TRENDSETTERS: J&J's Santiago Cardenas Looks at Latin American Opportunities
Santiago Cardenas heads Strategic Marketing Services for Johnson & Johnson’s Consumer Business in Latin America and is not stranger to the region and well understands its vast opportunities and occasional pitfalls. One of The Internationalist's Latin American 50, he's a J&J veteran with nearly two decades of marketing and management experience, which have included living in his native Colombia, Brazil, Peru and Central America. (His MBA in Marketing is from the US.)
According to Santiago Cardenas, "The single most important opportunity is to capture the hearts and brand preference of the Emerging Consumers." He explains how this will not only change marketing, but encourage marketers to better recognize the needs of this important new customer group. "The mid-tier consumer is growing significantly across many countries in the region to the point of becoming the largest socio-economic segment. In Brazil, the C class now represents more than 50% of the population -- gaining 20 million people in recent years. Economic prosperity, along with job stability, has created a new wave of consumers that now add to more than 100 million in Brazil alone. These consumers have similar needs, desires and aspirations of the established classes, but limited resources to fulfill them."
He reminds us of a critical point: "This rising new group of consumers is both savvy and brand loyal as they cannot afford to waste money on useless or lower-performing products."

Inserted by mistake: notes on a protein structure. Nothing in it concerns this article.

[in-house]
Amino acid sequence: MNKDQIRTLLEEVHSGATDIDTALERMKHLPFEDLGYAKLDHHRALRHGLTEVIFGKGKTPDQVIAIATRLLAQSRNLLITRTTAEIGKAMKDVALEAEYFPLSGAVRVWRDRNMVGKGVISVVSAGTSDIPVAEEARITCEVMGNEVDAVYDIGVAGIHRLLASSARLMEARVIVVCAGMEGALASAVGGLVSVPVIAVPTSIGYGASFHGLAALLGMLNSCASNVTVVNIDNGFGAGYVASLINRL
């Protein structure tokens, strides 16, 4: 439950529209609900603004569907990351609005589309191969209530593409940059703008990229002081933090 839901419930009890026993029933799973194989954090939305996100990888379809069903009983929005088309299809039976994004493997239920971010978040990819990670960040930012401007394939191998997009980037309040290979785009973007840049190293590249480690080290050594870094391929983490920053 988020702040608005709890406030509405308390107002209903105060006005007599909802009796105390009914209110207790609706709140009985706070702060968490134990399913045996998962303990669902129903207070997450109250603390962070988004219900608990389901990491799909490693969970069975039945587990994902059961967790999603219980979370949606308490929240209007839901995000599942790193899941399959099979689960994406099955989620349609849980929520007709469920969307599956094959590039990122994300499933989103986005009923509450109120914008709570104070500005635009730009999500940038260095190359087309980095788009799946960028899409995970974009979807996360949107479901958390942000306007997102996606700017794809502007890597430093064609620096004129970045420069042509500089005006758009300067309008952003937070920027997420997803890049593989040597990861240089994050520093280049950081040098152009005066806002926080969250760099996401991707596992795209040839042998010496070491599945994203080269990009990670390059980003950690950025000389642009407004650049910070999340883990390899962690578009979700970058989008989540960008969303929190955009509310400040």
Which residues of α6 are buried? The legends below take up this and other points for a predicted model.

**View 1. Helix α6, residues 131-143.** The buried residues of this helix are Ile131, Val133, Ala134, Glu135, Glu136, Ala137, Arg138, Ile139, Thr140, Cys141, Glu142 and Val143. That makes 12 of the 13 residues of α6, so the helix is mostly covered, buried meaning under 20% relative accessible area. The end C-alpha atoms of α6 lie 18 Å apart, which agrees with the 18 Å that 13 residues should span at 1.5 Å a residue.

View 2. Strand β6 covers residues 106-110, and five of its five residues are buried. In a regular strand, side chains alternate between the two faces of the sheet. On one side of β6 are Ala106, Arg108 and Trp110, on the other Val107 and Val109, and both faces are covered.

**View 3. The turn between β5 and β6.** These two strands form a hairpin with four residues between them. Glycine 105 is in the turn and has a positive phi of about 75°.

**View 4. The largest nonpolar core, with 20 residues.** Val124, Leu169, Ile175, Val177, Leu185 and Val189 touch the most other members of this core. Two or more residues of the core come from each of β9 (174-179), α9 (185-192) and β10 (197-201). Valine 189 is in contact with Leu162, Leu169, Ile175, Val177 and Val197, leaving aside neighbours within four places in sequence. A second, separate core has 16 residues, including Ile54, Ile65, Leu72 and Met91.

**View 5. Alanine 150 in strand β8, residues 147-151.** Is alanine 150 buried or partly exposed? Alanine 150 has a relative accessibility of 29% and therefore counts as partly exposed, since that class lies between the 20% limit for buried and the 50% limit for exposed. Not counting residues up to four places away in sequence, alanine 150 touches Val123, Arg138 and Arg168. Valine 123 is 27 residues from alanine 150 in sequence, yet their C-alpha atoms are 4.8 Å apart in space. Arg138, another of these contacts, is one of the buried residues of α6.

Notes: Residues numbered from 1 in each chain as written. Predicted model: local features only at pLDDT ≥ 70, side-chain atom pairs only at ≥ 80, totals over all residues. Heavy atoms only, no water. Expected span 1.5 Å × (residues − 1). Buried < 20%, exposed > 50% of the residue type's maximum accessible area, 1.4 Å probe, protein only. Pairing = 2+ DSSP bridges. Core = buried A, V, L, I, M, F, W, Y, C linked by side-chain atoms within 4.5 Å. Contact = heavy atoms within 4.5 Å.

As a result, Cardenas anticipates marketing challenges for the region related to Sustainability. "Our consumers are increasingly demanding more sustainable companies and brands. This is not only in regard to green products, but also includes overall social responsibility and economic development. I strongly believe that Sustainability is a state of mind that all marketers should truly start promoting from inside the company before creating isolated products or campaigns. Personal engagement is as critical as company commitment to meet the needs of the actual generations without compromising the future of the ones to come."
No marketing discussion of Latin America would be complete without a reference to opportunities in the digital space. “This is no longer the future,” says Santiago Cardenas. “It's a reality.” Internet penetration is growing exponentially in the region. The percentage of users in 2011 is estimated at 40% of total population; countries like Argentina, Chile, and Colombia will be above 50%. Brazil had 37 million users in 2007; today there are 75 million. This means doubling the number of internet users in just 3 years. This is largely attributed to the new wave of emerging consumers now connected to the web.
“With the increasing number of Internet users in general, and of social media in particular, consumers are gaining more control over equities and it's our duty to facilitate brand engagement and continuous monitoring through social media. It's key to setting an integrated communication strategy for our brands in which digital will play a more relevant role every day.”